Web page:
1. Treatment requires a diagnosis of facet joint pain. See Facet joint diagnostic blocks.
  2. Approval depends on variables such as evidence of adequate diagnostic blocks, documented improvement in VAS score, and documented improvement in function.
  3. No more than two joint levels are to be performed at one time (See Facet joint diagnostic blocks).
  4. If different regions require neural blockade, these should be performed at intervals of not sooner than one week, and preferably 2 weeks for most blocks.
  5. There should be evidence of a formal plan of rehabilitation in addition to facet joint therapy.
  6. While repeat neurotomies may be required, they should not be required at an interval of less than 6 months from the first procedure. Duration of effect after the first neurotomy should be documented for at least 12 weeks at ≥ 50% relief. The current literature does not support that the procedure is successful without sustained pain relief (generally of at least 6 months duration). No more than 3 procedures should be performed in a year’s period.

The physician reviewer's opinion that the radiofrequency neurotomies should be denied because of the signs and symptoms of cervical radiculopathy no longer has support in the evidence-based medicine. Carrier argues that in April of 2008, Dr. KP opined that Claimant's pain is due to cervical radiculopathy and did not arise out of the facet joints. Dr. KP noted that the relief afforded by the 2006 radiofrequency neurotomy and the medial branch blocks were evidence of facet mediated pain.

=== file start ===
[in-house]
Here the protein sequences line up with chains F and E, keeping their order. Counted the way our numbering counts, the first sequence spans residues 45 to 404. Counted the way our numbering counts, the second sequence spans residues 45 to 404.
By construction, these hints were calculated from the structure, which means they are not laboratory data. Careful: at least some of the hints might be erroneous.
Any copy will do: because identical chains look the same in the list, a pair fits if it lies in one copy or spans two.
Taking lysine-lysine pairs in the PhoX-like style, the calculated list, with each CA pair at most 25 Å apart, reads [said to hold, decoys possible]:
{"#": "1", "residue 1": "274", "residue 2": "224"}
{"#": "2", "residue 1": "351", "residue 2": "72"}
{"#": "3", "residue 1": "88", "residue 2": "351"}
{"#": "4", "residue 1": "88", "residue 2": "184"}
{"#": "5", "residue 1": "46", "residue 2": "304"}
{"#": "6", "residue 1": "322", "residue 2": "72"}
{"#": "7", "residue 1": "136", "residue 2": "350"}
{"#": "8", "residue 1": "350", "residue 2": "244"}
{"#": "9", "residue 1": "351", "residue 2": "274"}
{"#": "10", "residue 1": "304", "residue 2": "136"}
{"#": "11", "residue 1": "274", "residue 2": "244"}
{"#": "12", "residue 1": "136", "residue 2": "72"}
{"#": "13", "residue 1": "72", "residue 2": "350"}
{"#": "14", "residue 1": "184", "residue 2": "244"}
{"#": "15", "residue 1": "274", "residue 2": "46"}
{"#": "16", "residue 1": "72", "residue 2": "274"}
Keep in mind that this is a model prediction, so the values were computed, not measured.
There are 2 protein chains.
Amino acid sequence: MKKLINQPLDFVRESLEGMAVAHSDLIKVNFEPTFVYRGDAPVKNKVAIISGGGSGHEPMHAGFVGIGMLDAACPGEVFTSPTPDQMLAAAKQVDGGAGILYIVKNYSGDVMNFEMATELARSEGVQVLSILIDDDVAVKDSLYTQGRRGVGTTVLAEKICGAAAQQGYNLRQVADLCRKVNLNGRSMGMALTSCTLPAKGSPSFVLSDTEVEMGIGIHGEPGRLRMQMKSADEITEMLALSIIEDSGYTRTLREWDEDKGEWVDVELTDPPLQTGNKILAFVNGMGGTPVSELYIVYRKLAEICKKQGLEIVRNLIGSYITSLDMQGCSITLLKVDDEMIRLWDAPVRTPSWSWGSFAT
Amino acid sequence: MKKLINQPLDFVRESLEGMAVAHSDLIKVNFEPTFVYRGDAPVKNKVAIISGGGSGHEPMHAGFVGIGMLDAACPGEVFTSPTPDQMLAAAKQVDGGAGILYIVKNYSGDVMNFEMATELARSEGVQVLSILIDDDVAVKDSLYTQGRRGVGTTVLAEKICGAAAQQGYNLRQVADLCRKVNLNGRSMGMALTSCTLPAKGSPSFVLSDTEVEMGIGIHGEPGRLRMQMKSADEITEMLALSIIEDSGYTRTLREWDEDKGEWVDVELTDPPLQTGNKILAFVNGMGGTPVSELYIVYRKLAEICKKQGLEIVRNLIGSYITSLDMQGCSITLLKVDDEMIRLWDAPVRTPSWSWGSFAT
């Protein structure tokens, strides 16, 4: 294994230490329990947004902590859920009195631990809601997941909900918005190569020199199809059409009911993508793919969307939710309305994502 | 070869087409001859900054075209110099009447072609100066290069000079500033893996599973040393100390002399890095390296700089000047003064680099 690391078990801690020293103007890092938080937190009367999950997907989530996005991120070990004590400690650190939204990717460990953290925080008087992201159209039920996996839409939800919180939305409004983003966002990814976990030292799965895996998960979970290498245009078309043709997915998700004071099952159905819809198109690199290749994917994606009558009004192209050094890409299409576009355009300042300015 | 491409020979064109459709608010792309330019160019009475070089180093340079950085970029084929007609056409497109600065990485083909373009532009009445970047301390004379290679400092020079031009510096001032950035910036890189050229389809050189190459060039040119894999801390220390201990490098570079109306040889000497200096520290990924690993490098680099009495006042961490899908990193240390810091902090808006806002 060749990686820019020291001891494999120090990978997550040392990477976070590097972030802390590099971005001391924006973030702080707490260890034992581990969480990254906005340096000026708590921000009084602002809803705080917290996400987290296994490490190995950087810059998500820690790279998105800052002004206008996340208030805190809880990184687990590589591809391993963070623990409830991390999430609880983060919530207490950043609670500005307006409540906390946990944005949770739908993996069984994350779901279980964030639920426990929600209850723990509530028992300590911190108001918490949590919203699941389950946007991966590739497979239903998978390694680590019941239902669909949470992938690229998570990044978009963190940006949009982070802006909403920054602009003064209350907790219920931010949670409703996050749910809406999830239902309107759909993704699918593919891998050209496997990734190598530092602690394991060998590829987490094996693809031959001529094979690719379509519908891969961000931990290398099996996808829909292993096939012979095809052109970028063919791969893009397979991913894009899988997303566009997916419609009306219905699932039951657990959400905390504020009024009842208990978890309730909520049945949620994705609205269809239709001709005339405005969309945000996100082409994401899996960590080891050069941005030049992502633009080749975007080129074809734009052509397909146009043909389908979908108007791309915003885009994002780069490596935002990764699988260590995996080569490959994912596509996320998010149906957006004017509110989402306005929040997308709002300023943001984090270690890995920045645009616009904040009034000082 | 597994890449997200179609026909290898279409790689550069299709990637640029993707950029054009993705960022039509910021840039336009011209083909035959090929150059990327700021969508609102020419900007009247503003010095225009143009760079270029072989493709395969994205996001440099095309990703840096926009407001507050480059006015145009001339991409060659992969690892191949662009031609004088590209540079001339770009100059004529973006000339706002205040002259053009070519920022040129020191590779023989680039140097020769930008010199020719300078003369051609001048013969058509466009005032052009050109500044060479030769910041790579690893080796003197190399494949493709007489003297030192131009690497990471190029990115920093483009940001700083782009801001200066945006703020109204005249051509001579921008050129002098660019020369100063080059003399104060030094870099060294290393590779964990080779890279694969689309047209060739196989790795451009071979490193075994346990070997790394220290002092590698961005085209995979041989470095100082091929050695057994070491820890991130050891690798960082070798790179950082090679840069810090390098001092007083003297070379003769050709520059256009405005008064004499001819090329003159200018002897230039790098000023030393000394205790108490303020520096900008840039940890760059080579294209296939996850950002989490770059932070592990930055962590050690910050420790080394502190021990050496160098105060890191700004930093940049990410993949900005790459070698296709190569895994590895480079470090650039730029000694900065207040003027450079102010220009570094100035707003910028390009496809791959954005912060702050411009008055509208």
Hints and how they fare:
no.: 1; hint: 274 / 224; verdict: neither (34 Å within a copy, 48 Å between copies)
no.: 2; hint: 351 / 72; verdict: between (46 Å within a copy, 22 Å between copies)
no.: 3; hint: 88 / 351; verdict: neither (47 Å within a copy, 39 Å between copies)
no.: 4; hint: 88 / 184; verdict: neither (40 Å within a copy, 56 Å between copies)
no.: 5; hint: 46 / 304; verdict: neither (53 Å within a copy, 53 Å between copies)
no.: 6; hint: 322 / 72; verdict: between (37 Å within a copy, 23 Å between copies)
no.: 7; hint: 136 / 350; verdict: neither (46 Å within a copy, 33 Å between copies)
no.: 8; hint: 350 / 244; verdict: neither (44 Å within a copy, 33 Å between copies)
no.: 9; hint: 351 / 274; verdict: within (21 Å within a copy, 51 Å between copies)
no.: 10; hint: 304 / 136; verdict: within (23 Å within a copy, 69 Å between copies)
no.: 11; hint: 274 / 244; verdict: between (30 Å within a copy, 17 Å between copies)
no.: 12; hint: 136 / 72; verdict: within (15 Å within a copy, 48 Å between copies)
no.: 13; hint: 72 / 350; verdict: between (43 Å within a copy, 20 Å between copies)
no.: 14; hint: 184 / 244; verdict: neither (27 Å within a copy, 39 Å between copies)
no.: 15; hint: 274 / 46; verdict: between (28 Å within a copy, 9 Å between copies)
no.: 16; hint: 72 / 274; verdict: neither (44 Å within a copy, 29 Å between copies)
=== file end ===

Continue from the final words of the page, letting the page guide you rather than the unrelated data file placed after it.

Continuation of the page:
Health care providers are directed to provide treatment in accordance with the current edition of the Official Disability Guidelines (ODG), and such treatment is presumed to be reasonably required. (28 Tex. Admin. Code § 137.100 (Rule 137.100). The ODG no longer excludes radiofrequency neurotomy if radiculopathy is present, but it continues to require evidence of a formal plan for rehabilitation in addition to the facet joint therapy as a criteria. There is no evidence of a formal plan for rehabilitation in this case. The ODG also states that no more than two joint levels are to be performed at one time. The physician reviewer's analysis and explanation states that medical necessity for treatment in the form of a radiofrequency neurotomy "from the C2/C3 to C6/C7 levels would not appear to be established." In his Physician's Summary dated January 12, 2009, Dr. KP stated that he was requesting authorization for a "therapeutic right C3 though C7 medial branch RF neurotomy". Treatment to more than two joint levels was requested and reviewed by the IRO. The IRO's denial of the requested care, as outlined in the physician reviewer's analysis, is consistent with the provisions of the ODG.